If Evil exists, however, this rosy view is unjustified. Footnote Empathy no longer solves problems, and treating Evil people as if they had some human emotion, as if one could have a human connection with them, is futile and even dangerous. The rest of this book uses the assumption of empathy in numerous ways, so if this assumption were false, most of my analyses would be only an ivory-tower idealism. I must therefore deal with the issue of evil’s existence, and I do so as follows. I first define Evil in Section 2. I must do this in a way that matches ordinary usage, or at least ordinary usage as clarified by the definition and the ways of relating perspective within which it is embedded. Section 3 argues that we are all in the uncomfortable position of being unable to prove either the existence or the nonexistence of Evil. In explaining why we are in that position, I describe the variety of ways in which the allegation of Evil can be undercut. None of these is guaranteed to work, so there is always the possibility that we will find a case of Evil. However, as Section 4 argues, even if one fails to find humanity where Evil is alleged, this does not prove that Evil exists, since one may succeed in the future.

            This uncertainty of Evil’s existence calls into question how we are to act in real life. With which of these two positions are we to approach the world? And how are we to choose between them – on the basis of unsupported faith alone? In Section 5 I argue that there is another option, one taken by the WoRP. This option does not ask of us to believe in either position, since such belief can have only a metaphysical grounding. I argue that in real life we therefore need to act in recognition of this undecidability. Concretely, this means continuing dialogue even if we find ourselves forced to act despite our uncertainty. Section 6 argues that our tendency seems to be to err on the side of premature closure if inquiry.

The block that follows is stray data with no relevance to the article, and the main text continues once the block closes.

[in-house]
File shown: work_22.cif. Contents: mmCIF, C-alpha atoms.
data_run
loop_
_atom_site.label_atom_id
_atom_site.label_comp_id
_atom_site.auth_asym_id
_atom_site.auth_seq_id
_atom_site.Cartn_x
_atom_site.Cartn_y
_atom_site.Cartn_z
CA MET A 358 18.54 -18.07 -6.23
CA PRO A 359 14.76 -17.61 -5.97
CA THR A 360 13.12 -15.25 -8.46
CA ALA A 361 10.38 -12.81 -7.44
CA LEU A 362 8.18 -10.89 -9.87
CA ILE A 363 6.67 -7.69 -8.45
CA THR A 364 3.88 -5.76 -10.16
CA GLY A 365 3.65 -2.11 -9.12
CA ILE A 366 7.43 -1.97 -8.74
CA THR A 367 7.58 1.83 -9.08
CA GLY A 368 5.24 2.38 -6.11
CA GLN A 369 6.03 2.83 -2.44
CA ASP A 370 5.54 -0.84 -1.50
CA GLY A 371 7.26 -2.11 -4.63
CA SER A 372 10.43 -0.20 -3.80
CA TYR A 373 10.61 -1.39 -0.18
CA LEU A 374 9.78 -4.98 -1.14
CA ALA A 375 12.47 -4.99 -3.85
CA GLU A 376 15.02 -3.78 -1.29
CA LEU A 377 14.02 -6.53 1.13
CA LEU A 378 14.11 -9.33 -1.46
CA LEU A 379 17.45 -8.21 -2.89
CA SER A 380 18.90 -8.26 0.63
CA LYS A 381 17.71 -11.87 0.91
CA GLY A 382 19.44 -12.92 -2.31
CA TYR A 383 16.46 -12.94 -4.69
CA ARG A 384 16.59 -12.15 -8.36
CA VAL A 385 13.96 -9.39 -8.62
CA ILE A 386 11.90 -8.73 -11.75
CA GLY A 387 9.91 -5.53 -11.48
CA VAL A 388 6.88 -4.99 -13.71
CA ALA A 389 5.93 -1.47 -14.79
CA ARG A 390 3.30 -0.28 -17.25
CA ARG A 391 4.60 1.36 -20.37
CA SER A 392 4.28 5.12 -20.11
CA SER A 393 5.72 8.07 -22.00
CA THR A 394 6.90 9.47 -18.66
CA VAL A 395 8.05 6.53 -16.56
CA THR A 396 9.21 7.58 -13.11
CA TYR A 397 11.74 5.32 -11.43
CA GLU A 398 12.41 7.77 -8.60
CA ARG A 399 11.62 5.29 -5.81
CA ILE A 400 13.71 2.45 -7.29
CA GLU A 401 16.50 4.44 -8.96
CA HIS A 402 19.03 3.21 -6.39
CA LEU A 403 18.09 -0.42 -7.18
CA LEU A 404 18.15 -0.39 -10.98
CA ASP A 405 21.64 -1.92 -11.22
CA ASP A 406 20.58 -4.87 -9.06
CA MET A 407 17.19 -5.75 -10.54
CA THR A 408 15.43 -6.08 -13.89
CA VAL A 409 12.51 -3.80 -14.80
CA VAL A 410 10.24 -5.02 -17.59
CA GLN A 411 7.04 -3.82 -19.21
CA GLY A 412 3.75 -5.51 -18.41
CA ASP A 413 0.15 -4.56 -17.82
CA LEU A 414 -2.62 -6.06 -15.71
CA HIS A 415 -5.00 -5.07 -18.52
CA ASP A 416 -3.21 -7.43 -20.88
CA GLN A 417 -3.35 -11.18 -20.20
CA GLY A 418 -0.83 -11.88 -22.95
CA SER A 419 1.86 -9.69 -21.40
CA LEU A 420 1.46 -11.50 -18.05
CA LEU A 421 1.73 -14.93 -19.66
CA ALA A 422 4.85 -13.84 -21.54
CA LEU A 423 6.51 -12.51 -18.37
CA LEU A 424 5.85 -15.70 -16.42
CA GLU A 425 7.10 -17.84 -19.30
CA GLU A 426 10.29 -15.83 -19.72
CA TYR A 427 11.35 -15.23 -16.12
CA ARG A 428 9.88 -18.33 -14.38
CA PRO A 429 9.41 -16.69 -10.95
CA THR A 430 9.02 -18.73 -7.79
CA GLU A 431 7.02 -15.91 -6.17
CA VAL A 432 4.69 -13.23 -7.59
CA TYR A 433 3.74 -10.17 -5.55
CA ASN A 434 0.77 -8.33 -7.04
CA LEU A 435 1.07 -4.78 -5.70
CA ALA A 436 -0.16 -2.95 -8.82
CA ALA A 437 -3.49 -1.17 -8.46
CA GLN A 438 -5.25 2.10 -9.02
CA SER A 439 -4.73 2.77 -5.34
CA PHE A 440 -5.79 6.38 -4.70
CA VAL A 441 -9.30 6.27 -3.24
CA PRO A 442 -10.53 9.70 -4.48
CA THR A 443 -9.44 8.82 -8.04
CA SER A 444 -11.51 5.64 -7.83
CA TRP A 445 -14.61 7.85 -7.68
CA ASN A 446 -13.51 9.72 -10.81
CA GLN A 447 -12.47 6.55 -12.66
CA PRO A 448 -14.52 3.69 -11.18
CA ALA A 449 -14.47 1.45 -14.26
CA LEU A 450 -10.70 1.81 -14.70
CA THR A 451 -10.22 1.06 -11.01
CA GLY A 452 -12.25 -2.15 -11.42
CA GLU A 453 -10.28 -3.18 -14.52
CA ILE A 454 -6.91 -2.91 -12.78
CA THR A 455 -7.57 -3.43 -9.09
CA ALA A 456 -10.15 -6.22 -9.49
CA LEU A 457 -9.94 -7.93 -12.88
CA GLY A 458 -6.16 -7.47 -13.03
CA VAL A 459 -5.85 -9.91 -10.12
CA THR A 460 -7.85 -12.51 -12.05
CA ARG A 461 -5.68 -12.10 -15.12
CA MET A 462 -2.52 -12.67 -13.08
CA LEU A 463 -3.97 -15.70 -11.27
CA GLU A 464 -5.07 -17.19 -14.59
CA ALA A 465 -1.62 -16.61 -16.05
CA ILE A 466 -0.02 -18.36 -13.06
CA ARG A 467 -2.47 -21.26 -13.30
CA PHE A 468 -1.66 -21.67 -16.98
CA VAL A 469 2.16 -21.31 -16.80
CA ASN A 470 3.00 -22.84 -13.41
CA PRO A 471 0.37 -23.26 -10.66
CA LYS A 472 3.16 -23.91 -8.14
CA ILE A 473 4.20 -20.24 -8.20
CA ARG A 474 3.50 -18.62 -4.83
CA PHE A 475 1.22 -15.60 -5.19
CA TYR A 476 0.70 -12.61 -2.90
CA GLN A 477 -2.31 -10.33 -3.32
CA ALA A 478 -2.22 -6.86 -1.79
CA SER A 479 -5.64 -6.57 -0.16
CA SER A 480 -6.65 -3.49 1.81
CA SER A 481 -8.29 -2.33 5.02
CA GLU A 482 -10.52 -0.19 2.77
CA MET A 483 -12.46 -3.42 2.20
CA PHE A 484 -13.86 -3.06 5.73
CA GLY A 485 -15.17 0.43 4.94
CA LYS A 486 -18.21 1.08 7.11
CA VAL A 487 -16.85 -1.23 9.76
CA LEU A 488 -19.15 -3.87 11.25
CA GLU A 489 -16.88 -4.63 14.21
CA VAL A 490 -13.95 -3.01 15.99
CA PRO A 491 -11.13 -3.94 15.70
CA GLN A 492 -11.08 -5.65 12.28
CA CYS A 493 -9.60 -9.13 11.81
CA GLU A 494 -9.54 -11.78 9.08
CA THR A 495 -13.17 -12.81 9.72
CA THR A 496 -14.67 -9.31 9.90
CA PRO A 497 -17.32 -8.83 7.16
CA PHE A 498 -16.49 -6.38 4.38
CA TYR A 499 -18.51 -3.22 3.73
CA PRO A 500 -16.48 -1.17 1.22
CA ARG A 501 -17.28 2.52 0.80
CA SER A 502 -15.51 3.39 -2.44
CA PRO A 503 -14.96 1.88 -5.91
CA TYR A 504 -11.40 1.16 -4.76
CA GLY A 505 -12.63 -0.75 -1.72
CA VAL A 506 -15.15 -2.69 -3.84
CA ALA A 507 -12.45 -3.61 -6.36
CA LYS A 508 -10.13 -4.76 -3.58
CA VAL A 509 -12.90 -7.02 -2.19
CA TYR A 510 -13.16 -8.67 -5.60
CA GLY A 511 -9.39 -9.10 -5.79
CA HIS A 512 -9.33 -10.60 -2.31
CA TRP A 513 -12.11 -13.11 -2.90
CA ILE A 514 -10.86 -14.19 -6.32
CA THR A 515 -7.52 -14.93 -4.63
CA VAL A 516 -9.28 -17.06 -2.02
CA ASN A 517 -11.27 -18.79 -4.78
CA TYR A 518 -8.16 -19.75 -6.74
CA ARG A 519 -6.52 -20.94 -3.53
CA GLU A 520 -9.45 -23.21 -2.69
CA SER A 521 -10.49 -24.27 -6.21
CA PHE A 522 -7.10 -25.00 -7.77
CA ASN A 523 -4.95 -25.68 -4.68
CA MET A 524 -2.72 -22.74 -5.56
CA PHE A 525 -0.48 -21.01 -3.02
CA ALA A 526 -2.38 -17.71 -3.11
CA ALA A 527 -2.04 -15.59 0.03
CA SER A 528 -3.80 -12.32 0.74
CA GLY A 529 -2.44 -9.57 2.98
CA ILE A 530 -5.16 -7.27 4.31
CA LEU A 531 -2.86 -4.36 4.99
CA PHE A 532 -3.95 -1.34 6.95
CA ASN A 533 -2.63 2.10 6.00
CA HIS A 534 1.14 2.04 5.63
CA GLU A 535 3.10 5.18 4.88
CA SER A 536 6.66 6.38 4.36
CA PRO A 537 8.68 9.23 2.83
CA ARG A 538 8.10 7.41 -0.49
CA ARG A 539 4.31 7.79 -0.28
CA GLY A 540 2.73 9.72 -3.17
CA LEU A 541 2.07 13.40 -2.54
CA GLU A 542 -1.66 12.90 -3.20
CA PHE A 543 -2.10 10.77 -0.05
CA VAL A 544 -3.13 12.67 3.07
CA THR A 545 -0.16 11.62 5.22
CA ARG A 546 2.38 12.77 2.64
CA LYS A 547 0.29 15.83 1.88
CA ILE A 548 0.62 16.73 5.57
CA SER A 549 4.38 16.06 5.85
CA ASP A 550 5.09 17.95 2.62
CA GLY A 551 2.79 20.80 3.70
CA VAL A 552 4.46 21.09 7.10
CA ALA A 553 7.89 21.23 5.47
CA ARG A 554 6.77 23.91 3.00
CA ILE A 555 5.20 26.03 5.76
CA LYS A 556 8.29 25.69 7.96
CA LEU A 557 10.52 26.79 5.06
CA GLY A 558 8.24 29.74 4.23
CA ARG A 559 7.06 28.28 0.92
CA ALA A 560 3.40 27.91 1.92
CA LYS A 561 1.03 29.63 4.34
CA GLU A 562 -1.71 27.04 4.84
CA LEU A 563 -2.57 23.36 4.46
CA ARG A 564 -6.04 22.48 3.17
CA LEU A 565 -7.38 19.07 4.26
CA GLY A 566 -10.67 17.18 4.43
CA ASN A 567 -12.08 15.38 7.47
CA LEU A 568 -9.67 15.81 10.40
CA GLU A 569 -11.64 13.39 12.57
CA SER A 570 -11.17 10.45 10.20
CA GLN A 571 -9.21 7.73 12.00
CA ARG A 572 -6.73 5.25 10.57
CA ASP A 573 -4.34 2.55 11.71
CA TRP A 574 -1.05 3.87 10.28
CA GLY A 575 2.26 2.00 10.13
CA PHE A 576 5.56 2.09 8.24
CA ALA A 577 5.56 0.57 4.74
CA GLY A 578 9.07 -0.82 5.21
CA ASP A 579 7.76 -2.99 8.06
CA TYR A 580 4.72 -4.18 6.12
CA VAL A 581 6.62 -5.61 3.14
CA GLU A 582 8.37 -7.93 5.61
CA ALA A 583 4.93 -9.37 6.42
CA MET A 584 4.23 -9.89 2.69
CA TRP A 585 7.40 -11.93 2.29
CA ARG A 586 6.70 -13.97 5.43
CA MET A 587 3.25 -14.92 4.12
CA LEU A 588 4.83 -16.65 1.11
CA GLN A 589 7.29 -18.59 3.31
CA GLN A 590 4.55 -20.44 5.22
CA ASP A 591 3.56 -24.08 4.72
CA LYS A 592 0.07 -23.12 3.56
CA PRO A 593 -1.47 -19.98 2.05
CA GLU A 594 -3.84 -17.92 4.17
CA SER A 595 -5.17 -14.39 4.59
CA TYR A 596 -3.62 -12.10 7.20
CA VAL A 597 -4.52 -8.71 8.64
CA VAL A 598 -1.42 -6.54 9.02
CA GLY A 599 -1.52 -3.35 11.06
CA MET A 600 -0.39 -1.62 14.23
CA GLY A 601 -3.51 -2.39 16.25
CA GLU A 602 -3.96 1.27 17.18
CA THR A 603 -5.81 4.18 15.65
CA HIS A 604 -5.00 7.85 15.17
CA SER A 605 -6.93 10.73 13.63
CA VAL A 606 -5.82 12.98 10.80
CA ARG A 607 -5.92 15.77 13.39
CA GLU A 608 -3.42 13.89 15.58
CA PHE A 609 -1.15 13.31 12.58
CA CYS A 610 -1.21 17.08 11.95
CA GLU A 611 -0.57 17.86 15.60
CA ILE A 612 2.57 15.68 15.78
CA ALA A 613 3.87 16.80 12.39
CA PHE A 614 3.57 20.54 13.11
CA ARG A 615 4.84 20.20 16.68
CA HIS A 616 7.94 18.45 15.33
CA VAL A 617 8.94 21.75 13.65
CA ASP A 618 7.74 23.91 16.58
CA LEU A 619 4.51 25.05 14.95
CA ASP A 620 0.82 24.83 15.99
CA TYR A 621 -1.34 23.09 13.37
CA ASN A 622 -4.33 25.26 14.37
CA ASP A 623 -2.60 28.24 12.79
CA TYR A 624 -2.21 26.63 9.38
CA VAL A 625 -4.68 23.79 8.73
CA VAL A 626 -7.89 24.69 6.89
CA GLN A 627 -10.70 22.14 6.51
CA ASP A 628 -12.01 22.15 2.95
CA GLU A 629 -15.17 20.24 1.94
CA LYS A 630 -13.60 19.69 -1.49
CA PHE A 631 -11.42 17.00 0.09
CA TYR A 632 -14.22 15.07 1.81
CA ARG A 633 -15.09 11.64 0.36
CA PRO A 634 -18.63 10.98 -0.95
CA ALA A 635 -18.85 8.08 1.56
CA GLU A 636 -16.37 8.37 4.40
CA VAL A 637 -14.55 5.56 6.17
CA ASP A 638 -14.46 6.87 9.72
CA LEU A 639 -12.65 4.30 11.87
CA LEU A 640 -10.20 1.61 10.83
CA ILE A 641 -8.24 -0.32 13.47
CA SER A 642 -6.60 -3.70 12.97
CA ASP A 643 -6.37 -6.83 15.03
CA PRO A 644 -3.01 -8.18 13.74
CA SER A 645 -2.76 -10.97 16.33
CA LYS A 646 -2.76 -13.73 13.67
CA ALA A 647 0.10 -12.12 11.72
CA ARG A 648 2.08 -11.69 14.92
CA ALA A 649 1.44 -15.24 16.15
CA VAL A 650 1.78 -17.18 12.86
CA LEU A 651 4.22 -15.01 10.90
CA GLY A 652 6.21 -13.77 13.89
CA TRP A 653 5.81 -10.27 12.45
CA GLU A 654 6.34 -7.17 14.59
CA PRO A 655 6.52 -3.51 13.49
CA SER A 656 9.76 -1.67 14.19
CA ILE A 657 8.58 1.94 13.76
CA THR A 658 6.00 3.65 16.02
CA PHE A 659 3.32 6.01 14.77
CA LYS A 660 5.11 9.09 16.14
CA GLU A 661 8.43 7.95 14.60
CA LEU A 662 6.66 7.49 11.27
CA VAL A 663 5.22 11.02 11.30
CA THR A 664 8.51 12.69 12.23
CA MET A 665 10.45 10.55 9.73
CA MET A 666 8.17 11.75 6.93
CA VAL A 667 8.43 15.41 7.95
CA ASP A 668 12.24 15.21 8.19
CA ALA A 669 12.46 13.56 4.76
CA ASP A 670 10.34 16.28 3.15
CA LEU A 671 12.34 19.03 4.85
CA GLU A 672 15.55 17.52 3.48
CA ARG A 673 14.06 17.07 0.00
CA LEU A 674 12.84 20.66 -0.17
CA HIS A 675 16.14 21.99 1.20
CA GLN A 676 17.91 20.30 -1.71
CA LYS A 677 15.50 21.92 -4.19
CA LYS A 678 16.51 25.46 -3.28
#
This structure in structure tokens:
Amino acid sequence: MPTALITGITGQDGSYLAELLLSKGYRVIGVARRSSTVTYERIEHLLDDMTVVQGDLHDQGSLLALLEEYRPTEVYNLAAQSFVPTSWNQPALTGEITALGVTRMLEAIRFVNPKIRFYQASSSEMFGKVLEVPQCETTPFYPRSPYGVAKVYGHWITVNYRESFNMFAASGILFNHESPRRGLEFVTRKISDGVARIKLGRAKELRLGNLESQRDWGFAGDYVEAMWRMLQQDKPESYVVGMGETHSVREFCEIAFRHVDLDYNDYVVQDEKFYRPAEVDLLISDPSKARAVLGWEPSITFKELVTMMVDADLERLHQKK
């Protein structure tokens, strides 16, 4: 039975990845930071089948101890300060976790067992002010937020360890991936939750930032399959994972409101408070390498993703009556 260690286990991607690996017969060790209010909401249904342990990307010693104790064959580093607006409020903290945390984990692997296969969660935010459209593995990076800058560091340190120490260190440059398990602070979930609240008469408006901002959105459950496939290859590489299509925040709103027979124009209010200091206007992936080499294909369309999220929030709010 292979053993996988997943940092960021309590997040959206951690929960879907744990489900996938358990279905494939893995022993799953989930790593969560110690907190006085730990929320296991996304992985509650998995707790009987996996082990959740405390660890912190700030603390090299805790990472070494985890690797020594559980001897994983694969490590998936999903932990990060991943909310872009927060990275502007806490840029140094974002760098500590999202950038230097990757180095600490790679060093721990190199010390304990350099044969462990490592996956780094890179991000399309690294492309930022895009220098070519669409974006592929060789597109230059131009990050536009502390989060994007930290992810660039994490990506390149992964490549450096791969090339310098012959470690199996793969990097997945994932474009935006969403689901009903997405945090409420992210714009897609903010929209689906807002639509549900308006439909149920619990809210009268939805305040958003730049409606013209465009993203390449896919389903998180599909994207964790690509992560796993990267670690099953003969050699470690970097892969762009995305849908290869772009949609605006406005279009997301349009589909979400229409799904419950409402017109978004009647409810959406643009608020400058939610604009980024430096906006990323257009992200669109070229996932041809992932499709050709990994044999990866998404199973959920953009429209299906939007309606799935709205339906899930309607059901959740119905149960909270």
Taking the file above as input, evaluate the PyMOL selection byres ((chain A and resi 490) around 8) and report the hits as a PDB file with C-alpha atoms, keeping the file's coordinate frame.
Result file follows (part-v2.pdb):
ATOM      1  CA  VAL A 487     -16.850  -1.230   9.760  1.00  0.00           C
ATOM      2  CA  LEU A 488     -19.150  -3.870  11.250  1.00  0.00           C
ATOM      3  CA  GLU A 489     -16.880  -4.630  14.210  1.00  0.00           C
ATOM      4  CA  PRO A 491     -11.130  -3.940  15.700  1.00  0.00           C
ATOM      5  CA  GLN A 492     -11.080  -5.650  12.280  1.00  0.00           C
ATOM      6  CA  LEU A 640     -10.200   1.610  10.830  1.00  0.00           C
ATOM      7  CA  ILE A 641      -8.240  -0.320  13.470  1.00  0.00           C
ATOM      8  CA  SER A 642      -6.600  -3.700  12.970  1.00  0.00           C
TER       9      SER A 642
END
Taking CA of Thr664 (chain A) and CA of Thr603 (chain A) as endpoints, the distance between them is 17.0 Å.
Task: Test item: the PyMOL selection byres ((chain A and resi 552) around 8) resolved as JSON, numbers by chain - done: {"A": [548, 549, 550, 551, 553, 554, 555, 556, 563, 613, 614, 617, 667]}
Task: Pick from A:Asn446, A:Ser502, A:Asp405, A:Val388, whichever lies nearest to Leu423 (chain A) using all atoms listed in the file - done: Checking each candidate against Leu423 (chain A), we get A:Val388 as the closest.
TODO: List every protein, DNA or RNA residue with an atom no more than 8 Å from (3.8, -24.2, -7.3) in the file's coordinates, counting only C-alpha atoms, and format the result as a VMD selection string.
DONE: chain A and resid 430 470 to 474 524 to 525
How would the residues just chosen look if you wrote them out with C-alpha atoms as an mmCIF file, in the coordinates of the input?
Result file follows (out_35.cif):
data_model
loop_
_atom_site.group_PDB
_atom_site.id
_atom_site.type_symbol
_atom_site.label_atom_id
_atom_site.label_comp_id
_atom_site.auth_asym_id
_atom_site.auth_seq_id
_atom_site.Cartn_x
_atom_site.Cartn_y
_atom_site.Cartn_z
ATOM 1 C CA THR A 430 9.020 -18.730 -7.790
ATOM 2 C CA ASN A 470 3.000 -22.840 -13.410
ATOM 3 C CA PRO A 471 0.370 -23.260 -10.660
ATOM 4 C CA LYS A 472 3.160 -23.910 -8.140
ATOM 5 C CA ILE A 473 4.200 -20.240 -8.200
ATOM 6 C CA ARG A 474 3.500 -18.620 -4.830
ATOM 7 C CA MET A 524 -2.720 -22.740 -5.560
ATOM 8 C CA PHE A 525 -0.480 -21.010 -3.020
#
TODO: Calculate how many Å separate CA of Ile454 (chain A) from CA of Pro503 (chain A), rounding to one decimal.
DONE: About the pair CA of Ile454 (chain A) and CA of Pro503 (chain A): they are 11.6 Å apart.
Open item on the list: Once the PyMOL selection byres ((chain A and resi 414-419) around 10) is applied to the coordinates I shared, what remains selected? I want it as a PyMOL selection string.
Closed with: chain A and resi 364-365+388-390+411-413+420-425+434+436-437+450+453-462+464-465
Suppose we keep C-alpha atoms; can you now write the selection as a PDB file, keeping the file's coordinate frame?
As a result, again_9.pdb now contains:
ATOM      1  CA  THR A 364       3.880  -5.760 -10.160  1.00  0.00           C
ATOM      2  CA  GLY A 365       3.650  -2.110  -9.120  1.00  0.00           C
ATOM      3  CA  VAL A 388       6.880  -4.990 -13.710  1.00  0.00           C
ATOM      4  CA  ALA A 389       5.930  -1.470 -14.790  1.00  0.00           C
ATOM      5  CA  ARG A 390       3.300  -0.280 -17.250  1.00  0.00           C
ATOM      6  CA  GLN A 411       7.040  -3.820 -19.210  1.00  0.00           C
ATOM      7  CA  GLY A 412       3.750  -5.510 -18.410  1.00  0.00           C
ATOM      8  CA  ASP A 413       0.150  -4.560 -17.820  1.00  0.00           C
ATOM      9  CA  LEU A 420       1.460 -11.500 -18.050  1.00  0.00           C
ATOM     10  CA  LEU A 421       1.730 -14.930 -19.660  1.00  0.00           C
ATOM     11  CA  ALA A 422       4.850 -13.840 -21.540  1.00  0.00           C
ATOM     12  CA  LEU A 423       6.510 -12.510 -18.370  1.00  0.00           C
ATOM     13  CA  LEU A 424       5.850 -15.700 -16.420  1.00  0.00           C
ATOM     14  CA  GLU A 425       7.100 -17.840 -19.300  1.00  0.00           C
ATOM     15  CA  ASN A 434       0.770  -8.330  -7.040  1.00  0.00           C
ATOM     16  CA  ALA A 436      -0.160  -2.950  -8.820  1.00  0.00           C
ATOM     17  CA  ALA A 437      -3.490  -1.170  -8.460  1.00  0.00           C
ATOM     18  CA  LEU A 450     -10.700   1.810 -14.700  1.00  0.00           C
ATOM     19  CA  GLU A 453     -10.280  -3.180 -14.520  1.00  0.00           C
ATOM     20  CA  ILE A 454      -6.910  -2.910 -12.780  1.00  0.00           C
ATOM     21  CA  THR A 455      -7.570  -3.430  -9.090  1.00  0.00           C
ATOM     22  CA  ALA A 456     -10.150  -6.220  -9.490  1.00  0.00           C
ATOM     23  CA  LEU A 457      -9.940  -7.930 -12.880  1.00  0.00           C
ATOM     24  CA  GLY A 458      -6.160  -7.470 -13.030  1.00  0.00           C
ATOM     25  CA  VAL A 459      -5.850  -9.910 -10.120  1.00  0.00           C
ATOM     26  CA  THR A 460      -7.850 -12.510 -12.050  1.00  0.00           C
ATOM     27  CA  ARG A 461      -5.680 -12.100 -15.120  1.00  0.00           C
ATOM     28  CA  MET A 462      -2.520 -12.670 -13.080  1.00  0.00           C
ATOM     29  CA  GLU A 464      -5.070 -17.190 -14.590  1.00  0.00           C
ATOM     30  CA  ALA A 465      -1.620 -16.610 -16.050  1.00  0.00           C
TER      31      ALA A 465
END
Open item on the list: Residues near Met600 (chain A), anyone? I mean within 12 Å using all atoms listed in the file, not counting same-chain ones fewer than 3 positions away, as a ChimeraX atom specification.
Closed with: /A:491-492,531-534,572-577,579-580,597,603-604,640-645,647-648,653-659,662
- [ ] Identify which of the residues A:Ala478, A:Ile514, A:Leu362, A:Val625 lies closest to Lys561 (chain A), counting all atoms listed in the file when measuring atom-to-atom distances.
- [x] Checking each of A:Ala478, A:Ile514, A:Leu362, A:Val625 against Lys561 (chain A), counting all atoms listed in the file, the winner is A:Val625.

Section 7 presents a case study of the analysis of apparent Evil, showing in a concrete way how the real exploration of an apparent Evil might reveal its origins in ordinary human behavior, behavior we can understand as humans even while seeing it as wrong. In the final section (§8) I argue that our culture (mis)understands moral discourse as a civil trial where one side or the other has to pay damages, instead of a discourse where both sides are transformed. And so this leads into the subsequent essay’s discussion of what is meant by the attitude of “sharing a moral universe”.

 

II    Defining Evil

            So what do I mean when by “Evil”? I must define the term consonant with its ordinary language meaning, because we both want to be sure that we are talking about the same thing, that I’m not solving my problems by defining them away. So in this work, “Evil” is defined as follows:

Someone is said to be Evil, or at least Evil within a certain domain of social interaction, if s/he acts with the primary intention of preventing another’s attempt to achieve some or all aspects of the other’s Good.

 

Note the following about this definition:

                      Evil is a noun or, if an adjective, one that characterizes an entity having the capacity of empathy and thus of moral choice. It makes no difference to me how we label actions – call them evil, bad, immoral, wicked, iniquitous, or whatever; my only concern is whether people possess the quality of being inherently Evil in a way that affects how they relate to others. To make evident that there are two different meanings, I will capitalize the word when it refers to the abstract concept of “Evil” (“Lucifer is the Prince of Evil”) and when it is used to characterize the inherent nature of a moral agent(s) (“Osama bin Laden is an Evil man”). I will not capitalize it when it refers to acts, as in, “Attacking the World Trade Center was an evil thing to do”. Acts are not Good or Evil in themselves, only after being morally situated.